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- Mass Spec Tips1 - Freon for use in Mass Spectrometer Leak Checking 2 - Mass Spectrometer Probe Cooling 3 - Sample Vials for Direct Probes 4 - Selection of Vacuum Pump Oils for Lowest Mass Spec Background 5 - Determination Linkages in Biomolecules of Disulfide 6 - Transfer of H.P. ChemStation MS and GC Chromatograms from PC to MAC Computer 7 - Repairing Clogged Thermospray Probes 8 - Tuning a Finnigan 5100 to Meet BFB or DFTPP Criteria 9 - H.P. 5971 Transfer Line Tip for Direct Introduction of Capillary Column 10 - Troubleshooting Finnigan 5100 GC/MS Systems 11 - Leak Checking Mass Spectrometers 12 - Elimination of Memory Peaks and GC Background Noise 13 - SuperIncos Mapped Software Print Buffer Lockup 14 - Reduction of Peak Tailing 15 - Electron Multiplier Sensitivity 16 - INCOS Procedure for Calibrating on the Finnigan 4500 17 - Extending Electron Multiplier Life 18 - What techniques or methods do you use to determine if the electron multiplier 19- What techniques or methods do you use to detect vacuum leaks in your mass spectrometer 20 - Extending Lenear Range of the Mass Spec Article - Improving Sensitivity in the HP 5971 Mass Spectrometer - Part 1 and Part 2
- 11 - Leak Checking Mass Spectrometers (This Page)
Author: Richard A. Berger
Affiliation: Washington University
School of Medicine
The November, 1993 issue of THE MASS SPEC SOURCE contained a Mass Spec Tip concerning the use of Freon for leak checking Mass Spectrometers. We had used Freon-12 (Dichlorodifluoromethane) for this purpose until it was implicated in the ozone layer depletion phenomena. While Argon (MW 40) works well for leak detection in electron ionization (EI) mode, it does not work well in positive chemical ionization (PCI) mode using methane as the reagent gas since it is overshadowed by one of the methane complex ions (C3H5+, M/E 41). Argon does not show up at all in negative chemical ionization (NCI) mode.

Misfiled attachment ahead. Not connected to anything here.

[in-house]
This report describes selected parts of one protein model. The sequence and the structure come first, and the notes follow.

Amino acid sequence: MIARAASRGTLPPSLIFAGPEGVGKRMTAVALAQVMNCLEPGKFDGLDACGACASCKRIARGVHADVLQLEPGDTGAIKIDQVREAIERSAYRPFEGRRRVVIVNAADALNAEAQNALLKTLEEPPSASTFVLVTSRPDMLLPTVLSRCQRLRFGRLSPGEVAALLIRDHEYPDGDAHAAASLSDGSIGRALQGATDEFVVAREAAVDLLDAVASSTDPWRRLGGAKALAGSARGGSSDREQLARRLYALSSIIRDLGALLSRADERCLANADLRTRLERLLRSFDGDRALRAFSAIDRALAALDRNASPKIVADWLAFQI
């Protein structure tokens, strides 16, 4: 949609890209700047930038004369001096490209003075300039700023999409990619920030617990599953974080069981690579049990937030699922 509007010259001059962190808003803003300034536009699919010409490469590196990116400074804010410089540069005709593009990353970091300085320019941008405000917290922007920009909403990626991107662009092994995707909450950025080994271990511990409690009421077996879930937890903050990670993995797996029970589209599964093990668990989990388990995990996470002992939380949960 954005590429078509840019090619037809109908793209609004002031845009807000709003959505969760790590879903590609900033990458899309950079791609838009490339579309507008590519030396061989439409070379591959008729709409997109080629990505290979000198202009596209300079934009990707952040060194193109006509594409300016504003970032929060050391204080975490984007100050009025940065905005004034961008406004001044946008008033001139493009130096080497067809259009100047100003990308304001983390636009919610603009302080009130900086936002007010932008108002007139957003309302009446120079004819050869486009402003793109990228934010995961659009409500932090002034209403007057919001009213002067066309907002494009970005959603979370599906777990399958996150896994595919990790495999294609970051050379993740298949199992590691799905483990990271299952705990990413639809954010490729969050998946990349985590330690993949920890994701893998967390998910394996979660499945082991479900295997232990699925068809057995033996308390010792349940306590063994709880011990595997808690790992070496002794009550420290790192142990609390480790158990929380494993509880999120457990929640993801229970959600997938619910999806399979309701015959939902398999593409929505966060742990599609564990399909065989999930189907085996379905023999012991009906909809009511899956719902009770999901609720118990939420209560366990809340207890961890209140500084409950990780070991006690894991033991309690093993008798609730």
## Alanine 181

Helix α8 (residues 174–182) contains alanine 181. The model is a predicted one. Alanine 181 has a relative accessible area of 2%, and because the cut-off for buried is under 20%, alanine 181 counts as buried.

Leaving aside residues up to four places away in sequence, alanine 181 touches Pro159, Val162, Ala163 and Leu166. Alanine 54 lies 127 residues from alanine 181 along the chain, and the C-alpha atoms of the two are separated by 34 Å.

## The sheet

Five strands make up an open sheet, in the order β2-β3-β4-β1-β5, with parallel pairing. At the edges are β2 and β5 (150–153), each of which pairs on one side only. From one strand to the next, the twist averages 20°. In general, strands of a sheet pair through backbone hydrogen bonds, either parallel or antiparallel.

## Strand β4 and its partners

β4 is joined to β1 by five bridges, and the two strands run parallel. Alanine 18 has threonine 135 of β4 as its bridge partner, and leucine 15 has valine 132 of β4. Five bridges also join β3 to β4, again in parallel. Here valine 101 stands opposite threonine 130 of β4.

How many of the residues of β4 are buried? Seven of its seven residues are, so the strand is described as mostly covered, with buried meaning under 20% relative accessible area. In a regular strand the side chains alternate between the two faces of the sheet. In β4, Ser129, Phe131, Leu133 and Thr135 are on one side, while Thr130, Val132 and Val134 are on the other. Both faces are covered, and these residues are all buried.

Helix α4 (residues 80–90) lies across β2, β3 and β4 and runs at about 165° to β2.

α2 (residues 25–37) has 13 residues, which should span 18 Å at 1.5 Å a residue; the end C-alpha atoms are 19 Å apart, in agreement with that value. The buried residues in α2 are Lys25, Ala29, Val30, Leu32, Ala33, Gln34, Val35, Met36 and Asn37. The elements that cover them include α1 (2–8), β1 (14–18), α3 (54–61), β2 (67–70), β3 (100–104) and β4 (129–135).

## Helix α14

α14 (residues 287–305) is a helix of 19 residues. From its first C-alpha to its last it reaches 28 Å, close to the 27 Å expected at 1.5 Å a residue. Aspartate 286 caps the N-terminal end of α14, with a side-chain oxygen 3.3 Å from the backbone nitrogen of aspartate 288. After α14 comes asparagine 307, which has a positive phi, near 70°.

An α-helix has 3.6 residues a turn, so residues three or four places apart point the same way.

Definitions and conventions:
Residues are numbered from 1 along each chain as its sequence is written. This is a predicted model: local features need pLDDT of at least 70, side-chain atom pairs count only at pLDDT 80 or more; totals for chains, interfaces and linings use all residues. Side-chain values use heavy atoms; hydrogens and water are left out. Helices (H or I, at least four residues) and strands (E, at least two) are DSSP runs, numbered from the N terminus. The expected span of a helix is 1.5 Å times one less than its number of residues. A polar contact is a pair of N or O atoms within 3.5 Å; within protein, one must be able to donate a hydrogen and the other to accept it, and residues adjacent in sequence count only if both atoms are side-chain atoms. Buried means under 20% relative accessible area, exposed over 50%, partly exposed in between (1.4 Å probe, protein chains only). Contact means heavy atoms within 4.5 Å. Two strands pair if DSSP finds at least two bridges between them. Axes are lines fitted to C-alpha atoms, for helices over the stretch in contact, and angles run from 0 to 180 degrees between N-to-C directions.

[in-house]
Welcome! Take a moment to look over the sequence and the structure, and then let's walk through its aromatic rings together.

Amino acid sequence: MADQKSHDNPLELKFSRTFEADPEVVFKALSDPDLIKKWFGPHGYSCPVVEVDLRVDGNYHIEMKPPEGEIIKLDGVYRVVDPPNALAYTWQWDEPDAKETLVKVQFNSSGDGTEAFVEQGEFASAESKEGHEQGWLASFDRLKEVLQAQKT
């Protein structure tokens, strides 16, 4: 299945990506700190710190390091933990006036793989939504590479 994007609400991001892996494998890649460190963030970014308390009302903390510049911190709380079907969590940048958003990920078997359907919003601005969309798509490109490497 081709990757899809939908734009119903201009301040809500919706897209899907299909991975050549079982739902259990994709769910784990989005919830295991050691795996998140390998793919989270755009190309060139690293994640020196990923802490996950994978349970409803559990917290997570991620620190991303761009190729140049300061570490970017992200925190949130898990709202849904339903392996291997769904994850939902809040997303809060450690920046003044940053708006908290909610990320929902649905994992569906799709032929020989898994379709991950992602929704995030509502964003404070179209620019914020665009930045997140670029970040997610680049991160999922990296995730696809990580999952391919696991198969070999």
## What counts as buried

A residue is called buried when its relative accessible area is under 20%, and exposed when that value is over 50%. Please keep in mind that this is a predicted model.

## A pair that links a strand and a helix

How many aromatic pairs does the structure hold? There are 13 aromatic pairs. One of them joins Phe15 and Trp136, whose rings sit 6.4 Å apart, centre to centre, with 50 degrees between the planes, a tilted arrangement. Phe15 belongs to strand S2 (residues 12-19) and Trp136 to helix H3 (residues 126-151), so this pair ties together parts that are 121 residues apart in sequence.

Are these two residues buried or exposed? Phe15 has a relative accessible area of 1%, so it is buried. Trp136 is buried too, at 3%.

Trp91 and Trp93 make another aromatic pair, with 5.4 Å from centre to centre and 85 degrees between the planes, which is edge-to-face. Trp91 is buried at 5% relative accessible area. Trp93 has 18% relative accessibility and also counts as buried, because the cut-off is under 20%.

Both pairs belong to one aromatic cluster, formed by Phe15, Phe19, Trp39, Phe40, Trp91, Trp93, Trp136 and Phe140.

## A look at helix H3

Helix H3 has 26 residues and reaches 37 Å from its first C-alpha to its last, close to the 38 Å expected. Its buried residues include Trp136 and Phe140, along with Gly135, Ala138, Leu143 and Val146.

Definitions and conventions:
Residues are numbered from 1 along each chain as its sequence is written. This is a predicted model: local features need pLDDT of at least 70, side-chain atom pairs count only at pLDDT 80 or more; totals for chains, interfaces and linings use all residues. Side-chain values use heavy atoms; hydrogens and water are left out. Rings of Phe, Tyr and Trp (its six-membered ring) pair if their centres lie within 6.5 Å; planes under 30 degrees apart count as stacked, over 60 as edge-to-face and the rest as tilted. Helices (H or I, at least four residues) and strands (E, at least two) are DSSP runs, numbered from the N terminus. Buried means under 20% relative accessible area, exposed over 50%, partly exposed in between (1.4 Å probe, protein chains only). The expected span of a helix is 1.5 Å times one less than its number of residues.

We searched for some time for a gas which was:
1. Non-flammable, non-toxic, and non-reactive,
2. Inexpensive and readily available, and
3. could be used in EI, PCI, and NCI modes.
We found that sulfur hexafluoride (SF6 MW 146) satisfies most of these requirements. It is non-flammable and non-reactive; the TLV-TWA is 1000 ppm. It is available as a pure gas, usually shipped at its vapor pressure of 320 PSIG, or as an uncertified mixture with air, nitrogen, helium, or argon. Eighteen pounds of SF6 in a G size cylinder cost less than $200. This included the cost of a control valve and cart to move the cylinder (about 50 lbs gross weight) from machine to machine. In EI and methane PCI mode, the sulfur hexafluoride spectra has M/E 127 [M-F] + as its base peak. In NCI mode M/E 146 (M-) is the base peak.